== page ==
Strong Justice For Serious Disease

How do you prevent trench cave-in deaths in Pennsylvania?

On Behalf of | Oct 22, 2014 | Work-Related Deaths

Being underneath tons of earth and steel is dangerous. Yet every day, workers who install water pipes, excavate or dig trenches put their lives on the line, not always mindful that a cave-in could occur. Pennsylvania companies doing this type of work should be aware of the common causes of trench cave-ins and follow guidelines set by the Occupational Safety and Health Administration to prevent them, as well as avoid injuries and workplace deaths.

According to data provided by the Bureau of Labor Statistics’, 350 fatalities occurred between 2000 and 2009 due to trench or excavation collapses. While that may not seem common, even one death is too many, especially when the cause is preventable.

? What makes a cave-in dangerous is that it can be very unpredictable. Walls can collapse without any warning or indication and workers may not have enough time to seek safety.

However, there are many factors that can contribute to a cave in. The type of soil and its water content can be a major factor. Heavy equipment, machine vibrations, proximity to previously excavated and filled trenches and environmental conditions are contributing factors as well.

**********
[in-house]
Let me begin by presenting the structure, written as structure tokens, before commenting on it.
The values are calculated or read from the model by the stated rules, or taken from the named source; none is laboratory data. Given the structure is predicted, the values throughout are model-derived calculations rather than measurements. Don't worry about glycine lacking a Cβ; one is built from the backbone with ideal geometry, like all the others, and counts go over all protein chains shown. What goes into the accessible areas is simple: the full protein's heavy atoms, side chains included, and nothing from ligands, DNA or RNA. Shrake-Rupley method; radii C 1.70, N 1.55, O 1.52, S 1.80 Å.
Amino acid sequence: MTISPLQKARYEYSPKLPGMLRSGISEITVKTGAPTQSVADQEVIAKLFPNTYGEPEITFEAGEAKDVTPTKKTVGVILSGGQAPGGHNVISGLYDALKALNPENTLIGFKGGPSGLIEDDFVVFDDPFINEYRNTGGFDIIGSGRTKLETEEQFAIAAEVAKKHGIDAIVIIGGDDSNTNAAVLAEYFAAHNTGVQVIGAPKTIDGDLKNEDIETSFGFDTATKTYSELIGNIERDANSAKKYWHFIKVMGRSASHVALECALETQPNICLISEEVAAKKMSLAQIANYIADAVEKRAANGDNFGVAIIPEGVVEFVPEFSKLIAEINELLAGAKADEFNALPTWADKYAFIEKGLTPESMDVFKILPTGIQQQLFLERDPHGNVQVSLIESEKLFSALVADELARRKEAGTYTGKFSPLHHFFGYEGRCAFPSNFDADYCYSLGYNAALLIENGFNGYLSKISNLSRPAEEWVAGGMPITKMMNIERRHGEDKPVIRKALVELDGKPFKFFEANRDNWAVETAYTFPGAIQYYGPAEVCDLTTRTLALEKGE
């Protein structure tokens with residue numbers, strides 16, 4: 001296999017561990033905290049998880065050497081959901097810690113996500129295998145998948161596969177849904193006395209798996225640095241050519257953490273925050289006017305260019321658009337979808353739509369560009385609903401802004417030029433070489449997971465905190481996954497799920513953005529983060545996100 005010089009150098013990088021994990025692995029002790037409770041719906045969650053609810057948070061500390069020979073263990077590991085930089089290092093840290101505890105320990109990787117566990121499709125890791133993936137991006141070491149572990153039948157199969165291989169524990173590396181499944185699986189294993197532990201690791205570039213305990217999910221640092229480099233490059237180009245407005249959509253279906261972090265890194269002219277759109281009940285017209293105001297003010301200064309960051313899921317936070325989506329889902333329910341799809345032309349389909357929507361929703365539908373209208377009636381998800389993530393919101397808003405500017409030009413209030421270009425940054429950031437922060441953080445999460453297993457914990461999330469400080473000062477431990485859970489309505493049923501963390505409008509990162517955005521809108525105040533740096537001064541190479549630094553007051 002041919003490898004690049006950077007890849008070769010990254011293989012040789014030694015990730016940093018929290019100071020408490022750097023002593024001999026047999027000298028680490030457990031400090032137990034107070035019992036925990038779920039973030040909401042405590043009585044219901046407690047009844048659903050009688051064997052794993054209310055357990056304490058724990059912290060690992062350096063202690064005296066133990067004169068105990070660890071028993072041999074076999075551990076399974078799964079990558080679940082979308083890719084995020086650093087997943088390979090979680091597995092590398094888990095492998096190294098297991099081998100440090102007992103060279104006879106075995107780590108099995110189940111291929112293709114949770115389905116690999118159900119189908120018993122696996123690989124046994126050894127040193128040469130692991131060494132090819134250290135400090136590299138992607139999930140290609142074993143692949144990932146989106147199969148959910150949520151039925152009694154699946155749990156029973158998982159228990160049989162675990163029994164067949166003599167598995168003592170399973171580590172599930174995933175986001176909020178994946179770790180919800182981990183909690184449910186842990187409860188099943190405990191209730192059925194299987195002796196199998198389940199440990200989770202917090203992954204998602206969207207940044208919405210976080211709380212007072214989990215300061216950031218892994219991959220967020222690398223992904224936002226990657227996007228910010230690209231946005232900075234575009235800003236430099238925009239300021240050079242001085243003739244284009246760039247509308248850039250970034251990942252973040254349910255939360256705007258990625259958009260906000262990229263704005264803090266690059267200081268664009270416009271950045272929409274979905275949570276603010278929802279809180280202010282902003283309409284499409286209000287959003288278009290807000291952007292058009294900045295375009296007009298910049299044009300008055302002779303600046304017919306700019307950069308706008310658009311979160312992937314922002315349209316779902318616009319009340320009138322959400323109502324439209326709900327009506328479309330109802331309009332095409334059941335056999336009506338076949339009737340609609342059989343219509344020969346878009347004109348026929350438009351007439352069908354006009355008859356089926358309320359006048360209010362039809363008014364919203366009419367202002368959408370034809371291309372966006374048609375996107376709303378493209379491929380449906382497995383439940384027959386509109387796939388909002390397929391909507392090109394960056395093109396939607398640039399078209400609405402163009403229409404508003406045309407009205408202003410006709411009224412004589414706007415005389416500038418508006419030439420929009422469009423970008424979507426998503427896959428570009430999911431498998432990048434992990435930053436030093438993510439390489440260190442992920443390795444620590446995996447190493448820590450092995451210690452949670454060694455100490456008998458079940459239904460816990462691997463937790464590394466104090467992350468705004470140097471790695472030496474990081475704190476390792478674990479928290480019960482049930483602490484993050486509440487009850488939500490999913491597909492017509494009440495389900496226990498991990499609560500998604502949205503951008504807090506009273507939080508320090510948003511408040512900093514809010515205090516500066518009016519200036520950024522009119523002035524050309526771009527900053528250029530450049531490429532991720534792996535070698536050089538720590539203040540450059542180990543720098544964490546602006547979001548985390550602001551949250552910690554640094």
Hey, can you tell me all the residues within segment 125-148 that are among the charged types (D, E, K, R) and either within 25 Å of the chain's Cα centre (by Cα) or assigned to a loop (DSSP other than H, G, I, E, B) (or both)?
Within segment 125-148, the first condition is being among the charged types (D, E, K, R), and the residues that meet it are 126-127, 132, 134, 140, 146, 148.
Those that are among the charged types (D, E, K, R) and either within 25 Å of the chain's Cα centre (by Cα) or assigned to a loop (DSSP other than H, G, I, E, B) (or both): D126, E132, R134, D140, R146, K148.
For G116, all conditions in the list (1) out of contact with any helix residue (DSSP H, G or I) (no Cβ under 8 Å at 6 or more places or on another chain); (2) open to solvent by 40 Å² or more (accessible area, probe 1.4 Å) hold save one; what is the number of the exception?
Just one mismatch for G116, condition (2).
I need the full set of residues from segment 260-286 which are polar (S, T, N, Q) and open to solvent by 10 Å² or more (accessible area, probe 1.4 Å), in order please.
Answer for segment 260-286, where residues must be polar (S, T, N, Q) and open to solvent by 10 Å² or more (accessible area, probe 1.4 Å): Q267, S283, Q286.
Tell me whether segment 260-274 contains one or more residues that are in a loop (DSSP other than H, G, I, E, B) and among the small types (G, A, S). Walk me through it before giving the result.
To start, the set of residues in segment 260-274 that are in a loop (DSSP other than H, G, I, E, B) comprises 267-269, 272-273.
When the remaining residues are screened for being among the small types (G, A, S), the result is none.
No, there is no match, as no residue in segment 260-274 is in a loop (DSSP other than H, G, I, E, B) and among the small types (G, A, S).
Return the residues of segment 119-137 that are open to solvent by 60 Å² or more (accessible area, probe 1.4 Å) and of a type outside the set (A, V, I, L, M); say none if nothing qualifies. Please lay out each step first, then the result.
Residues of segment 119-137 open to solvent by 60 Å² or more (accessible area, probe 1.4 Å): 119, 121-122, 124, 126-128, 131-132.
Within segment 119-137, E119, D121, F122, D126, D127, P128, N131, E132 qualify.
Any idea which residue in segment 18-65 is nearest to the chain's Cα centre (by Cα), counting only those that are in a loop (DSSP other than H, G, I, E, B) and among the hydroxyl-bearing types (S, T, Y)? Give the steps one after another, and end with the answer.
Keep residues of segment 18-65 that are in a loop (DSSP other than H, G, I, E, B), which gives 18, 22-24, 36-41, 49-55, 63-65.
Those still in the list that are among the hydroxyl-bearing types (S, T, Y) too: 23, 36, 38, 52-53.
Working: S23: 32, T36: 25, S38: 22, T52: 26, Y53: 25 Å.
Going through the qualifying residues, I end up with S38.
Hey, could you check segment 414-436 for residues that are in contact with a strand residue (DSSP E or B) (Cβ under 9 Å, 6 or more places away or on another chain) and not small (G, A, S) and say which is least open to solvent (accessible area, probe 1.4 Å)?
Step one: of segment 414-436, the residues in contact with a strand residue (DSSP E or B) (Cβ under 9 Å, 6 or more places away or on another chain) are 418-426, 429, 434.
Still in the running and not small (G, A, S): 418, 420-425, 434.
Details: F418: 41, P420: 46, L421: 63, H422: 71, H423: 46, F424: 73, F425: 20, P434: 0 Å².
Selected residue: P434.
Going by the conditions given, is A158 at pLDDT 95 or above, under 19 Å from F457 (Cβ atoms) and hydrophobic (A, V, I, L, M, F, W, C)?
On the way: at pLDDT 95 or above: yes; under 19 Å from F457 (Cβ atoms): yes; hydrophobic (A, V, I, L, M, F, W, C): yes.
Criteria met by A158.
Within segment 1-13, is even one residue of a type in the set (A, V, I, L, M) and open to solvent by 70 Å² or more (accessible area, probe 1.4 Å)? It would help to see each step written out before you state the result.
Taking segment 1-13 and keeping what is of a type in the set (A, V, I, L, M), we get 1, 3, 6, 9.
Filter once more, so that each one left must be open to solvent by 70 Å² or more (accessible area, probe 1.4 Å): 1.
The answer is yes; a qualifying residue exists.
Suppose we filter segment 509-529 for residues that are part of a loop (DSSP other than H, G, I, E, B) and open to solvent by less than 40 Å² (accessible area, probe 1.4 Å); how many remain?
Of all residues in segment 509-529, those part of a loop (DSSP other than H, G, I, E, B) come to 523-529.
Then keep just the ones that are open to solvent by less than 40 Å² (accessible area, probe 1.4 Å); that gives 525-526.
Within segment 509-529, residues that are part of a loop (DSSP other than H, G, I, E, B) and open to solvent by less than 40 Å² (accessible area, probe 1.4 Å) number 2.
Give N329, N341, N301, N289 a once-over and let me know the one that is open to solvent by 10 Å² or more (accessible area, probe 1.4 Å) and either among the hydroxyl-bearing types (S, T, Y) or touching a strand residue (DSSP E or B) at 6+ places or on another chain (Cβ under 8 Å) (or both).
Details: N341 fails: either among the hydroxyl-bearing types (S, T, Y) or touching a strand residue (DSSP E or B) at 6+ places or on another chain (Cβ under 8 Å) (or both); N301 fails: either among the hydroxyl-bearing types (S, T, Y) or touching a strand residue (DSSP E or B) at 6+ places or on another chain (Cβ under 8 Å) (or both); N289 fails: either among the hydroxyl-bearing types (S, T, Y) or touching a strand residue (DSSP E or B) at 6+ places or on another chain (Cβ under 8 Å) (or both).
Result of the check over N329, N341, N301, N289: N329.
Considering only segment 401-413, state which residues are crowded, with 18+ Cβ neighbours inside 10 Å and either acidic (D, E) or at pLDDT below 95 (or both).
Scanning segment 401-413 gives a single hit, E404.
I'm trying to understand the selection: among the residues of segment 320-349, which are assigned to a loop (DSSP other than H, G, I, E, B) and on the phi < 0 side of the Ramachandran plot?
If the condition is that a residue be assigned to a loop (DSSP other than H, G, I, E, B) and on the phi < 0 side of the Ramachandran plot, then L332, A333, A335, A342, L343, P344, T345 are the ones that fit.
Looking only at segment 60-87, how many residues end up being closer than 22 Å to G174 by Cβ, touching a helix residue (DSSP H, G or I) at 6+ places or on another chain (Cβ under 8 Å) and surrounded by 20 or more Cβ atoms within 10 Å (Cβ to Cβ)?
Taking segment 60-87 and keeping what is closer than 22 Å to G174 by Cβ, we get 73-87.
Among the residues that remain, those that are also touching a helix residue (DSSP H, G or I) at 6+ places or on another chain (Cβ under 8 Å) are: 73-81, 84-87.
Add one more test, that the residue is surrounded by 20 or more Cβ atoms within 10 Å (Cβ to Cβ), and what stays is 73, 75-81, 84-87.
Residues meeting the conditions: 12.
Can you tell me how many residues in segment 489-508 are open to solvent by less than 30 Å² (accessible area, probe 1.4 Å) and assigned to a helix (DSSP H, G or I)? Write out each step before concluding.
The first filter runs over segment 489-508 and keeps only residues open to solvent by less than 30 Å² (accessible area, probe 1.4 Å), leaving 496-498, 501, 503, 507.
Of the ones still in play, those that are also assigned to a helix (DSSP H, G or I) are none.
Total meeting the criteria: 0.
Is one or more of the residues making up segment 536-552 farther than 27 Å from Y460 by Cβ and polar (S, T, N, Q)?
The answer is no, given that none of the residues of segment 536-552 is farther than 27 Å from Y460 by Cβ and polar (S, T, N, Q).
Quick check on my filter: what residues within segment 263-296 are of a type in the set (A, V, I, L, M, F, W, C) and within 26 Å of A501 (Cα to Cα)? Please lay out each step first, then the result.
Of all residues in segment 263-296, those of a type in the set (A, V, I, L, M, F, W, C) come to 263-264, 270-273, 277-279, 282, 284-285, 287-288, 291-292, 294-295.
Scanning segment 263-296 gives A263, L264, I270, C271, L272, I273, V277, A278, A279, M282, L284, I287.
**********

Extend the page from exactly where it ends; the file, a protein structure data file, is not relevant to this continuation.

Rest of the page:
According to OSHA, protective systems must be in place when excavations reach five or more feet deep. The agency recommends that one of these systems be used — ground sloping or benching, hydraulic jacks and planks to shore the trench or a trench box. Workers should also refrain from entering an unprotected trench.

If a Pennsylvania worker dies in a trench collapse, then the victim’s family may have options. A work-related death could result in a workers’ compensation claim. However, depending upon the circumstances, a family may find it appropriate to file a wrongful death lawsuit, especially if they suspect that negligence played a part in the trench cave-in.

Source:, “Preventing Worker Deaths from Trench Cave-Ins,” accessed Oct. 21, 2014